Associations of Identity Dimensions with Big Five Personality Domains and Facets


  • The first and second authors are postdoctoral researchers at the Fund for Scientific Research Flanders (FWO).

Correspondence to: Theo A. Klimstra, School Psychology and Child and Adolescent Development, Catholic University Leuven, Tiensestraat 102, Bus 3717, 3000 Leuven, Belgium.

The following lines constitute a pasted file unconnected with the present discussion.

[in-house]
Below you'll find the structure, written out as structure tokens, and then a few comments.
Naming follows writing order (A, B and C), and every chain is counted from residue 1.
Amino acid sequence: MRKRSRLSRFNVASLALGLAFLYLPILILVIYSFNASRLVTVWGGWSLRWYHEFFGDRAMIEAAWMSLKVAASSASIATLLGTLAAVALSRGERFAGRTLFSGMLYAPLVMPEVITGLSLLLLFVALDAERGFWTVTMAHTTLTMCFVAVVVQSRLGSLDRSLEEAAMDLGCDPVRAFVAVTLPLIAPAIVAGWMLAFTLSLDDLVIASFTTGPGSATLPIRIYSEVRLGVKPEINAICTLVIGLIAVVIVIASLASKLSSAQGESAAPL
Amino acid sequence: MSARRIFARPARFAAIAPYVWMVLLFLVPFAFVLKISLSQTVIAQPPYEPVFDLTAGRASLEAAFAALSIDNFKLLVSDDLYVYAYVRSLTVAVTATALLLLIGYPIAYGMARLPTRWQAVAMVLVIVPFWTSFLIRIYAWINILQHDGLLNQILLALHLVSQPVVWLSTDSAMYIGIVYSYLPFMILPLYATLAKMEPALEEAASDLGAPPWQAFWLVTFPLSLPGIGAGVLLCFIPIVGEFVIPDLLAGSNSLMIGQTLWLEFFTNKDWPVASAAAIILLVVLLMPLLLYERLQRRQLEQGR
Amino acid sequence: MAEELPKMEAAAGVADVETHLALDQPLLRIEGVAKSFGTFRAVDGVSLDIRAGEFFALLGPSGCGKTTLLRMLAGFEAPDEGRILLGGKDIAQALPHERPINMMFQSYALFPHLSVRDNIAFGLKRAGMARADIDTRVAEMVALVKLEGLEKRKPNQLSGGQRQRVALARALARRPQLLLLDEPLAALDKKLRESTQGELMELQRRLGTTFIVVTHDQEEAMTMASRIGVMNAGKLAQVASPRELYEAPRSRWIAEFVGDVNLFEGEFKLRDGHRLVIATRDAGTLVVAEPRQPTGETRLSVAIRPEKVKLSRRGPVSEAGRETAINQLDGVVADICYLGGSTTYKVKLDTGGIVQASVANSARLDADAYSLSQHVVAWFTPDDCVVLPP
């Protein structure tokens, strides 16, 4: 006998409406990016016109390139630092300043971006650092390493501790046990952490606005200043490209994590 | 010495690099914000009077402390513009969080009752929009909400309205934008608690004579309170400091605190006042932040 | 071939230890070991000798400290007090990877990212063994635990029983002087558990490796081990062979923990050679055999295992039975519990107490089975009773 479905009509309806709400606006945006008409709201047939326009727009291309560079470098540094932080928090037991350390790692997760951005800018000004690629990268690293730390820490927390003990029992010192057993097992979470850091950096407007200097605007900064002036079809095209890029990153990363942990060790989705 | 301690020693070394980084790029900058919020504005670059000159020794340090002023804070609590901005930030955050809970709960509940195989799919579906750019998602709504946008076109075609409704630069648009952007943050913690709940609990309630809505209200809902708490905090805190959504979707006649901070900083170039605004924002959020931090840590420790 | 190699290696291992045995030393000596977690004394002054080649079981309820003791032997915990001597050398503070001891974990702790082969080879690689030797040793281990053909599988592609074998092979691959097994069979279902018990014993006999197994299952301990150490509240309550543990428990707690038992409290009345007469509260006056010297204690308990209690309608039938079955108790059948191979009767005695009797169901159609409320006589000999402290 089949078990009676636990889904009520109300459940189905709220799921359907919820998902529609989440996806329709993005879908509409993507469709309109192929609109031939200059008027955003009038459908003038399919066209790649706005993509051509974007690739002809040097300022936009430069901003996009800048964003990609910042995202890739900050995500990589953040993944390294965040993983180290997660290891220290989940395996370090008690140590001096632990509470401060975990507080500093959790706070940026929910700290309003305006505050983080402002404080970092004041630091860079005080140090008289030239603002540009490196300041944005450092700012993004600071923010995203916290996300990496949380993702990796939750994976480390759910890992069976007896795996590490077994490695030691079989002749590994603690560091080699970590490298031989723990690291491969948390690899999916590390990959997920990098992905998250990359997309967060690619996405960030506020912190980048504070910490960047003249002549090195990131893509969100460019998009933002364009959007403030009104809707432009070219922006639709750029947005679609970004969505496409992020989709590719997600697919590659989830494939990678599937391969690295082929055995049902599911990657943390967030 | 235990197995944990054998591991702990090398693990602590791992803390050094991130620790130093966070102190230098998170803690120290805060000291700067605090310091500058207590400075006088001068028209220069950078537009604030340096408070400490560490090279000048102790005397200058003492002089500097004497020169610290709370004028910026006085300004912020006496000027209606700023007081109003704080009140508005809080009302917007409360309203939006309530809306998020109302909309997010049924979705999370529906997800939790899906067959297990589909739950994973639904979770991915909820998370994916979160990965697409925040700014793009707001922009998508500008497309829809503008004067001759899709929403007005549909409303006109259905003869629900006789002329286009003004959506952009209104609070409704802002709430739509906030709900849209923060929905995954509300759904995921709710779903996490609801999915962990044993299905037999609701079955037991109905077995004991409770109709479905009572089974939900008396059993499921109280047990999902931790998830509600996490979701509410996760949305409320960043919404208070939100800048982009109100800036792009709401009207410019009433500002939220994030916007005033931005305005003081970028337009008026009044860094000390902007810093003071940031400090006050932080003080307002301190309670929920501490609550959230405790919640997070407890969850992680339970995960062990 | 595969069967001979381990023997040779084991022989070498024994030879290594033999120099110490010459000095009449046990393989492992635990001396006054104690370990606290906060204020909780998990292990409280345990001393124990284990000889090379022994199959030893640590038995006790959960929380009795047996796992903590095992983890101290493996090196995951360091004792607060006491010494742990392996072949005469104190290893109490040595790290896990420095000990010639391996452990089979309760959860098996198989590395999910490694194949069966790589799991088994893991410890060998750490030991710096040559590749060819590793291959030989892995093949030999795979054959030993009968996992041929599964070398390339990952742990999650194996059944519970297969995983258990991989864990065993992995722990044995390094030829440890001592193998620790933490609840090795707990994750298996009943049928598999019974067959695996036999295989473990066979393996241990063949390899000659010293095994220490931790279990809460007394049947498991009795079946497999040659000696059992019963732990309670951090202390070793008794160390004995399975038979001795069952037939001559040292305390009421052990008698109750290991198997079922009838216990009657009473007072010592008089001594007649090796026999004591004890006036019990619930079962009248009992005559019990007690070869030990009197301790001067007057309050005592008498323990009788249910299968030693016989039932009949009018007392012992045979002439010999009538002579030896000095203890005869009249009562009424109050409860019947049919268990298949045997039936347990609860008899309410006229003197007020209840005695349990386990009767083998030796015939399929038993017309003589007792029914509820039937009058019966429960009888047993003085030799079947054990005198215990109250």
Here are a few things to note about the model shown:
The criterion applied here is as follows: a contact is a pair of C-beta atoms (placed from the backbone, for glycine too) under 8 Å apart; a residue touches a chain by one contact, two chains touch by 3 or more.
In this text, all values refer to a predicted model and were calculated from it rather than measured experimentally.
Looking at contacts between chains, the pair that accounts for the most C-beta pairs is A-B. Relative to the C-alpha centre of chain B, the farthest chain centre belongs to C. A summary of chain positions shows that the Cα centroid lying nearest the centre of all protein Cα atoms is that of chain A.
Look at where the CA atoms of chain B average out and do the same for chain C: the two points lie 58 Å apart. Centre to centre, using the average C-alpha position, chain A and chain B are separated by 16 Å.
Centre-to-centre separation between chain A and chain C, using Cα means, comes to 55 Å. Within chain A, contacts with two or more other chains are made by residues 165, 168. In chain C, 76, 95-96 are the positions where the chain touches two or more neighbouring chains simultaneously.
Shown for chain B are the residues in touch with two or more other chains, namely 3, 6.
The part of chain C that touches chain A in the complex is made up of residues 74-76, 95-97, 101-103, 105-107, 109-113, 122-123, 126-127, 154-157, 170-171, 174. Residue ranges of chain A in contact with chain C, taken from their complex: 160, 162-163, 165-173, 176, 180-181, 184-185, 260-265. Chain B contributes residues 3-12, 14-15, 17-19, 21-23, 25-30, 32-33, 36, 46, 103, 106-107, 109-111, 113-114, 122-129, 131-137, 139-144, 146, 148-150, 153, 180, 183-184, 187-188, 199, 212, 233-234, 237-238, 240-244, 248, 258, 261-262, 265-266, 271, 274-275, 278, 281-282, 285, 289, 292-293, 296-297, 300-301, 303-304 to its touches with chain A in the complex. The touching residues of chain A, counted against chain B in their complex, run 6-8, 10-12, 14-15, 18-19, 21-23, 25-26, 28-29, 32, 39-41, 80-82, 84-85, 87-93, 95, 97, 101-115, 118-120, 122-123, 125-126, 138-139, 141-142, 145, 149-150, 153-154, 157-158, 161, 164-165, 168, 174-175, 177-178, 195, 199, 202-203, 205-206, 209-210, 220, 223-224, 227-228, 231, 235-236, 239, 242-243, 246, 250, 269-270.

Personality is among the most important factors contributing to individual differences in identity formation. However, previous studies mainly focused on broad personality domains and neglected more specific facets. In addition, it has only recently been recognized that identity formation is guided by multiple types of commitment and exploration. The present study aimed to remedy these limitations by relating the 30 personality facets of the NEO-PI-3 to five identity dimensions. In general, identity formation was especially facilitated by high levels of Conscientiousness and, to a lesser extent, also by high levels of Extraversion and low levels of Neuroticism. Openness and Agreeableness predicted greater involvement in both the positive side (i.e. exploration in breadth and depth) and negative side (i.e. ruminative exploration) of the exploration process. Personality facets and their overarching domains, as well as facets underlying the same domain, were often differentially associated with identity dimensions. Additionally, we found that some personality facets both have bright and dark sides, as they predicted both proactive identity work and a weakened sense of identity. Overall, the present study underscores the utility of multidimensional models of identity formation and points to the benefits of considering personality facets in addition to broad domains. Copyright © 2012 John Wiley & Sons, Ltd.